Introduction: Comorbid posttraumatic stress disorder (PTSD) in patients with chronic pain may have a negative effect on the course and outcome of both disorders. Nevertheless, the co-occurrence of the two conditions is often overlooked in clinical settings. Further, little is known about how PTSD is associated with biopsychosocial characteristics in this patient group. The first objective was to assess the prevalence of posttraumatic stress symptoms (PTSS) in patients with chronic pain in a Norwegian university hospital outpatient pain clinic. The second objective was to investigate possible associations between PTSS and adverse outcomes such as pain intensity, disability, and distress. The third objective was to compare the PTSS prevalence rates between primary versus secondary pain conditions.
Materials and methods: Six hundred and ninety-two patients meeting for pain assessment completed self-report questionnaires about PTSS and possibly associated factors. The Life Events Checklist and the Stressful Life Events Screening Questionnaire were used to screen for potentially traumatic life events. The Impact of Events Scale – Revised and the PTSD Checklist for DSM-5 were used to assess PTSS. Differences between patients with and without severe PTSS on the possibly associated variables were analyzed by chi-squared-, and t-tests.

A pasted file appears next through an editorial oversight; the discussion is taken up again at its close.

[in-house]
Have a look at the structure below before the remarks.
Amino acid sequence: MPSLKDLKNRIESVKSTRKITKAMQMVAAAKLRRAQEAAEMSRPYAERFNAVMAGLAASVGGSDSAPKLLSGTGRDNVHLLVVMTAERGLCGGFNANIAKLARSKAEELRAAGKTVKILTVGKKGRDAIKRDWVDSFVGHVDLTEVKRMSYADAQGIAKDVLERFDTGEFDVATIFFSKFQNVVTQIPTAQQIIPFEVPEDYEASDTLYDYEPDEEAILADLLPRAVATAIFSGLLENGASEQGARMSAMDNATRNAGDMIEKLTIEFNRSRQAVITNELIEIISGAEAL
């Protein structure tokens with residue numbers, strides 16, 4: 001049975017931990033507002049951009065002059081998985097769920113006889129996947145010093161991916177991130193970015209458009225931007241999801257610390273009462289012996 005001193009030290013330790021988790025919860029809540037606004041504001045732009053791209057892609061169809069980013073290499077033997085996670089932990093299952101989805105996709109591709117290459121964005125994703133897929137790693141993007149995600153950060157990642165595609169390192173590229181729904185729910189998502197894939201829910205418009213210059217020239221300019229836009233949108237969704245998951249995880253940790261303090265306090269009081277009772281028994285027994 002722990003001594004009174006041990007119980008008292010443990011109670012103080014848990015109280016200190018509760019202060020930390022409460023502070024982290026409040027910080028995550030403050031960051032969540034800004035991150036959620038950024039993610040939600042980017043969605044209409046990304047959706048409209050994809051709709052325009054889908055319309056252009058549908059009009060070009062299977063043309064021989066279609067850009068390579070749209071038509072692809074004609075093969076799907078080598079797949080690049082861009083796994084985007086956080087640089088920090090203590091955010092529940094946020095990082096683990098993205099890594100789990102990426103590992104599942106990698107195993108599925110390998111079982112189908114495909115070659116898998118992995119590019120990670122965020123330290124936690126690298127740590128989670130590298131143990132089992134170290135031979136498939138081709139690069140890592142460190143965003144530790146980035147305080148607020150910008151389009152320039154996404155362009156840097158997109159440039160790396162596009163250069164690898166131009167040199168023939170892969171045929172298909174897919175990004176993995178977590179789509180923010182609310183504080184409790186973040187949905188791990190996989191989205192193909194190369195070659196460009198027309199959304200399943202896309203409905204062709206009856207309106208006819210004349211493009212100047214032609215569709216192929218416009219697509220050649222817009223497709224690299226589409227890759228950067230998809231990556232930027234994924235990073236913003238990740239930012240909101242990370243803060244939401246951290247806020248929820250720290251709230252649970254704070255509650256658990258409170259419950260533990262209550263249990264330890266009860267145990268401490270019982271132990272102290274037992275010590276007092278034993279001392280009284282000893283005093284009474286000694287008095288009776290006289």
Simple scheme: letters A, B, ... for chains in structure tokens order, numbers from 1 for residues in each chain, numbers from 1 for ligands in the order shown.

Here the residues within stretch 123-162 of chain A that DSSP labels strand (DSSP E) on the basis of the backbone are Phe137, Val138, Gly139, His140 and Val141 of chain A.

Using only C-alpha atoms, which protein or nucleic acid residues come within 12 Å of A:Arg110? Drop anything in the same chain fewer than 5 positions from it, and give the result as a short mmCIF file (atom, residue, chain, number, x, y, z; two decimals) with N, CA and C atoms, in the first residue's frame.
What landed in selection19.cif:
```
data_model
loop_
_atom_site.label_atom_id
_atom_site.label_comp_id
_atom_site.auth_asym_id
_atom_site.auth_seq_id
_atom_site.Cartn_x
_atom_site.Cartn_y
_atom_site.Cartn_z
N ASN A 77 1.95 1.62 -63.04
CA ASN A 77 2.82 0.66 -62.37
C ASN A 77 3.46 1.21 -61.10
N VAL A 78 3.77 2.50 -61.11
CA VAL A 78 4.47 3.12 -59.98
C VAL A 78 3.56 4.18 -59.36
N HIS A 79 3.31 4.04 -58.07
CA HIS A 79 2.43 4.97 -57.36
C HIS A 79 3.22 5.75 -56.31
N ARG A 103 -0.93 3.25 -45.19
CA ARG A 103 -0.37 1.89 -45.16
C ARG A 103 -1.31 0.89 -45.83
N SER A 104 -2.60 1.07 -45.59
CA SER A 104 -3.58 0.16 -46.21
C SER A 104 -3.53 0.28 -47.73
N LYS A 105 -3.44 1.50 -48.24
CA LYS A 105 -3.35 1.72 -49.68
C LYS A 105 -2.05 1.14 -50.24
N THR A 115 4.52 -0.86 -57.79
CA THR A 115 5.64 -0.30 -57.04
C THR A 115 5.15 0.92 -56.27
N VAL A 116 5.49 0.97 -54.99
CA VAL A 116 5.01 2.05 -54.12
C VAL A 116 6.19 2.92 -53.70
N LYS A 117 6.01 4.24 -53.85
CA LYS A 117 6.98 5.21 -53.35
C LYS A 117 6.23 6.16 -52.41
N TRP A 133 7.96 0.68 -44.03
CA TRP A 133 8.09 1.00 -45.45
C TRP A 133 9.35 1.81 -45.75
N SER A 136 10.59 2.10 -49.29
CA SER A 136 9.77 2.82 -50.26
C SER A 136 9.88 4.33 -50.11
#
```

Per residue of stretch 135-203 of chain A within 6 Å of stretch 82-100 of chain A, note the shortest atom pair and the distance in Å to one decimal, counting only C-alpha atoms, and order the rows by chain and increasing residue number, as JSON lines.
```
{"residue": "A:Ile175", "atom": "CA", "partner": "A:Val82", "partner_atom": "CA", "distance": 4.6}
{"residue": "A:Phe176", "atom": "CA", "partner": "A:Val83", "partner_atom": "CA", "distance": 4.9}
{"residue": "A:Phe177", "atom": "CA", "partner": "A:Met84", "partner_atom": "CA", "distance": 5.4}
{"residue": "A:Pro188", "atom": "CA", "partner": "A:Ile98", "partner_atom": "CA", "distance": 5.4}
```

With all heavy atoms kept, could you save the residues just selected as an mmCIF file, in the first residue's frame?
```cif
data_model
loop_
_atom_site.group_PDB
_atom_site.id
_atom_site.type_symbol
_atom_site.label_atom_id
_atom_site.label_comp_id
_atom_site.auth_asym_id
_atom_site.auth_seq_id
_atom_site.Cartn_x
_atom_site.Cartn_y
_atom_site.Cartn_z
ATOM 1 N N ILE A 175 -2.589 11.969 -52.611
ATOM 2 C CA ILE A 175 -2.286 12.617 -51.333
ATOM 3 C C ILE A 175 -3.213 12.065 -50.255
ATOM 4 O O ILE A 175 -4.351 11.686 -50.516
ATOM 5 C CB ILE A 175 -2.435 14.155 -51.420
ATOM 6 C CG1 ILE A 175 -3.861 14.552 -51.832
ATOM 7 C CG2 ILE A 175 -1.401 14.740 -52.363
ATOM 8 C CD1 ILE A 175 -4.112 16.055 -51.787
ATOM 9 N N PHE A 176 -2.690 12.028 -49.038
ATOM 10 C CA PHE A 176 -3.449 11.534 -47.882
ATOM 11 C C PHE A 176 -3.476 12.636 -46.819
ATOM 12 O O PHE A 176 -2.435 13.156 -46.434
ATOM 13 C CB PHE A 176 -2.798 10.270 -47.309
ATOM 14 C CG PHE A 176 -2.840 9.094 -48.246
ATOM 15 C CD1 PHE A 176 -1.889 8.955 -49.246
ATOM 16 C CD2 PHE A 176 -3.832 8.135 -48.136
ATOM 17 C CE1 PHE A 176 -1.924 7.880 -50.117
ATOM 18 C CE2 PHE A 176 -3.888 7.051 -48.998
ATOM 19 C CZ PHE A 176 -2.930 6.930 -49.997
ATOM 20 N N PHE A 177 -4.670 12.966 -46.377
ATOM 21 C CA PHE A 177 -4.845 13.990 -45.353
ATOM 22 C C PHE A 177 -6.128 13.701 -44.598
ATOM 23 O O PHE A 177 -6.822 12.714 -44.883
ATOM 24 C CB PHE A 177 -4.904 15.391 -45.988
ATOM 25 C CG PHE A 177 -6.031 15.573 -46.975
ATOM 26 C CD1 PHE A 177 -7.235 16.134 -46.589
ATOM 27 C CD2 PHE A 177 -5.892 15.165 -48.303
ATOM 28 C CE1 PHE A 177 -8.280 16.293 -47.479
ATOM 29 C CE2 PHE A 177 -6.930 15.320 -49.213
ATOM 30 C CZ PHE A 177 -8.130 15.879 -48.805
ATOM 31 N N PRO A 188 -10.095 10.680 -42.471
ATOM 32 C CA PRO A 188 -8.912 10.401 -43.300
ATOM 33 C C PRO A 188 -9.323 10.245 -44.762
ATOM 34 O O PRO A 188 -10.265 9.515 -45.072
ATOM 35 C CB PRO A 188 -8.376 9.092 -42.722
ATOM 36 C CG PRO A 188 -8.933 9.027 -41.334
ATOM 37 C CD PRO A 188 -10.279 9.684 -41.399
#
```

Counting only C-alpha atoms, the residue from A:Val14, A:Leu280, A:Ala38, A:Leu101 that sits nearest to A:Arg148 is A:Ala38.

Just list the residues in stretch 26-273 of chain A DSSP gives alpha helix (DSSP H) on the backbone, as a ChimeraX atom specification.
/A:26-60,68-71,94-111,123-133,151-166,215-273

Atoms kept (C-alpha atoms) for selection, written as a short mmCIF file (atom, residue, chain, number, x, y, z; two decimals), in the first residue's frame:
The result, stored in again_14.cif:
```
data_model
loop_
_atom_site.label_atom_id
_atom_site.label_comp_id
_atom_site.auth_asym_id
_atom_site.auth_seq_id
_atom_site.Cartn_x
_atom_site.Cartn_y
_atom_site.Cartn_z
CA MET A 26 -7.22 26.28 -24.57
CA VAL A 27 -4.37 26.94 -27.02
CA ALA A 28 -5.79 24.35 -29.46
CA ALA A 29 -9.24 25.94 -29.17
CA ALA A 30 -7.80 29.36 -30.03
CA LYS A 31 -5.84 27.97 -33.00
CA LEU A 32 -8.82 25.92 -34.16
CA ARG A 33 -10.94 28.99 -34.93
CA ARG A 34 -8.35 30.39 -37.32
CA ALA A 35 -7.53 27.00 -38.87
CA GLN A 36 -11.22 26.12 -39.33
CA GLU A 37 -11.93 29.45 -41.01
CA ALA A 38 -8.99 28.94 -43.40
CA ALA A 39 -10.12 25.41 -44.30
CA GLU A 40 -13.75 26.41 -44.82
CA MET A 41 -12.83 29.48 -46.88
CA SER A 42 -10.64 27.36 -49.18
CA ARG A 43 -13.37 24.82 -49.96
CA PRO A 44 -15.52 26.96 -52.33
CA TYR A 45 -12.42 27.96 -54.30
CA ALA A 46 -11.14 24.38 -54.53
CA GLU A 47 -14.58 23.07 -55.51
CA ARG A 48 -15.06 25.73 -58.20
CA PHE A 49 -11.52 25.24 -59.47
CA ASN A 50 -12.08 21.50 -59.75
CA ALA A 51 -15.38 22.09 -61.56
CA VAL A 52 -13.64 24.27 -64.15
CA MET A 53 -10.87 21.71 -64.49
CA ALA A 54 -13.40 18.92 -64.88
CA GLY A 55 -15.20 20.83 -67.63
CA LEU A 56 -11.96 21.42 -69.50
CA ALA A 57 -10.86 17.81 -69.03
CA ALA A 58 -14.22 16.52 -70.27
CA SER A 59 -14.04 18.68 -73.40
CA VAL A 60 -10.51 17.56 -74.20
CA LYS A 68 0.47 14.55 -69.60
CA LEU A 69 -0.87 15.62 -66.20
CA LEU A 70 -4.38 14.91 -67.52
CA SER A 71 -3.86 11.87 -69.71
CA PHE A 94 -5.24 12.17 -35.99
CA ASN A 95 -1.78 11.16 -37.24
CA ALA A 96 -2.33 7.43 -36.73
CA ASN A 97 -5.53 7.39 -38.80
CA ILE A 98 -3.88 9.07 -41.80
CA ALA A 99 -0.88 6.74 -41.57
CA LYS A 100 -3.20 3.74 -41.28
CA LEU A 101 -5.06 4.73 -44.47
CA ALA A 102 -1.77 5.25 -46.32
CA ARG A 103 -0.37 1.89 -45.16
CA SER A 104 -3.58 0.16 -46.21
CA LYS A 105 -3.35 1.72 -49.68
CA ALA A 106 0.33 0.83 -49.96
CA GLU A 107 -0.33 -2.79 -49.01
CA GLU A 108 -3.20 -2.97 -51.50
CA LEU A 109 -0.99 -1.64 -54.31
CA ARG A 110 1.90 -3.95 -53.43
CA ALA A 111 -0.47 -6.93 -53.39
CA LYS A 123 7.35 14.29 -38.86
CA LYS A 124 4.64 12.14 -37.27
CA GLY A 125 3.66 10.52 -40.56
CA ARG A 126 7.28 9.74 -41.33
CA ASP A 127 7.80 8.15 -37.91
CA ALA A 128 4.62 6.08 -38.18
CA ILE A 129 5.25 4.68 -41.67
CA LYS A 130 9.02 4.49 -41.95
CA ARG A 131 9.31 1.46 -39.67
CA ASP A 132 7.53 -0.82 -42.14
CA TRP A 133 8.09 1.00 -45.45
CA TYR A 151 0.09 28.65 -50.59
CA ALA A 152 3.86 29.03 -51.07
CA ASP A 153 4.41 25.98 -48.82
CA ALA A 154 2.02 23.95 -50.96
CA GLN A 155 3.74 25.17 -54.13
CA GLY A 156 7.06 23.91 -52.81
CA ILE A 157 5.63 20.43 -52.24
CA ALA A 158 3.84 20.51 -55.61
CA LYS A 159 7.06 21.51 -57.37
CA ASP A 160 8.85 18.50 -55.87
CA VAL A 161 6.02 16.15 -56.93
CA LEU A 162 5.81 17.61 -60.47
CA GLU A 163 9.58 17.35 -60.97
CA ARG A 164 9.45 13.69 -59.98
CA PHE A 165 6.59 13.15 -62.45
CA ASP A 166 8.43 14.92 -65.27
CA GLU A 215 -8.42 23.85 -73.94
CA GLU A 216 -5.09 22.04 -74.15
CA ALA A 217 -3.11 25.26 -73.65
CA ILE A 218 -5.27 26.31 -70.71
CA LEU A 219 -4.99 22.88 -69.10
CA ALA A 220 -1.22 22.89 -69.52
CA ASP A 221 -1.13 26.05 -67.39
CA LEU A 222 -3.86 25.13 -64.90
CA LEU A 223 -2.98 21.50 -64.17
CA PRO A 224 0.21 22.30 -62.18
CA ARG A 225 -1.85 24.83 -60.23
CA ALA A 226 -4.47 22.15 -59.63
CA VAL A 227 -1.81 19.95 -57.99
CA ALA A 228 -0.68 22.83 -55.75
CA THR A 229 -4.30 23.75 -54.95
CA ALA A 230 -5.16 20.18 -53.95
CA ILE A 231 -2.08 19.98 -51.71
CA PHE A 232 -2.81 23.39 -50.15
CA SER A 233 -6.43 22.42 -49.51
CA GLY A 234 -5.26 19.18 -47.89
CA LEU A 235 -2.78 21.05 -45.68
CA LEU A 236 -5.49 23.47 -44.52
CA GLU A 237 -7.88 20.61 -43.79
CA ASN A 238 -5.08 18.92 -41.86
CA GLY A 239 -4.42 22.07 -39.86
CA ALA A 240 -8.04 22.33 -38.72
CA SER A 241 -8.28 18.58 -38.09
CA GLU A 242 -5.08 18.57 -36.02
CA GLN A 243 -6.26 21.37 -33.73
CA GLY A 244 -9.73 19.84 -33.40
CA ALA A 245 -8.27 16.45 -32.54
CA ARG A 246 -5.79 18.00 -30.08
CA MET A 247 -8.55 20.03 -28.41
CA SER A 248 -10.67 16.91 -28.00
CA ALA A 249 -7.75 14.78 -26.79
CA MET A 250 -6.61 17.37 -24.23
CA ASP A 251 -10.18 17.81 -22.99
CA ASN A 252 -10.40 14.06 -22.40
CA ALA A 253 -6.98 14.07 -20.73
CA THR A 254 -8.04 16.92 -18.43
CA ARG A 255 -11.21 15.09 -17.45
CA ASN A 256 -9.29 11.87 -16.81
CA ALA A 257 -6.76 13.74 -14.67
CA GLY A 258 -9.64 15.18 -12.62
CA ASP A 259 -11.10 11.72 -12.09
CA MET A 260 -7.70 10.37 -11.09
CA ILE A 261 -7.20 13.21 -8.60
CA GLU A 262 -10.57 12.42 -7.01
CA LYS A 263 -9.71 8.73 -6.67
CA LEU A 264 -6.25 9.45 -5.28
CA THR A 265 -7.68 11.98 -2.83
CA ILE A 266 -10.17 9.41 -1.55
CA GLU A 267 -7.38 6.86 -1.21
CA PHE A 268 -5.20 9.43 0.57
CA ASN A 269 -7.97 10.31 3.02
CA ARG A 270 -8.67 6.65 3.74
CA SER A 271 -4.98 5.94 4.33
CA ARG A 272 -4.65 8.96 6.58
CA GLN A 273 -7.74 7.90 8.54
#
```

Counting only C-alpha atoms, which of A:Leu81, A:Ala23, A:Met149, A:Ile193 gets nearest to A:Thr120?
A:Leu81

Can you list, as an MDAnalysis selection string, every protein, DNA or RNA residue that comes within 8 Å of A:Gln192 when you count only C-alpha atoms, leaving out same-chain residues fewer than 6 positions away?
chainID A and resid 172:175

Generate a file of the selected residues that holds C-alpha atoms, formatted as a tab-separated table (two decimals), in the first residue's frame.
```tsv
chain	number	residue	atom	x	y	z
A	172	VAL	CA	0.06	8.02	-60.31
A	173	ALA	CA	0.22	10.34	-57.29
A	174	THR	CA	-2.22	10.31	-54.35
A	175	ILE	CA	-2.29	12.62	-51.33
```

Results: 20.7% of the participants reported a level of PTSS qualifying for a PTSD diagnosis. These patients reported higher levels of pain intensity, pain bothersomeness, disability, and psychological distress, as well as lower levels of self-efficacy. They also reported higher levels of pain catastrophizing, perceived injustice, fatigue, and sleep difficulties. Finally, there was not a significant difference in prevalence rates between primary and secondary pain conditions.
Discussion: PTSS are frequent in patients with chronic pain, and a range of psychological characteristics is associated with a high level of such symptoms in this patient group. Patients with both conditions report a significantly higher symptom load, and the potential impact on the individual’s life is major. In terms of pain condition, there were no differences in PTSS between primary pain conditions and secondary pain conditions in this pain population. This study emphasizes the importance of increased attention on PTSS when seeing patients with chronic pain conditions in clinical practice.
This item's license is: Attribution 4.0 International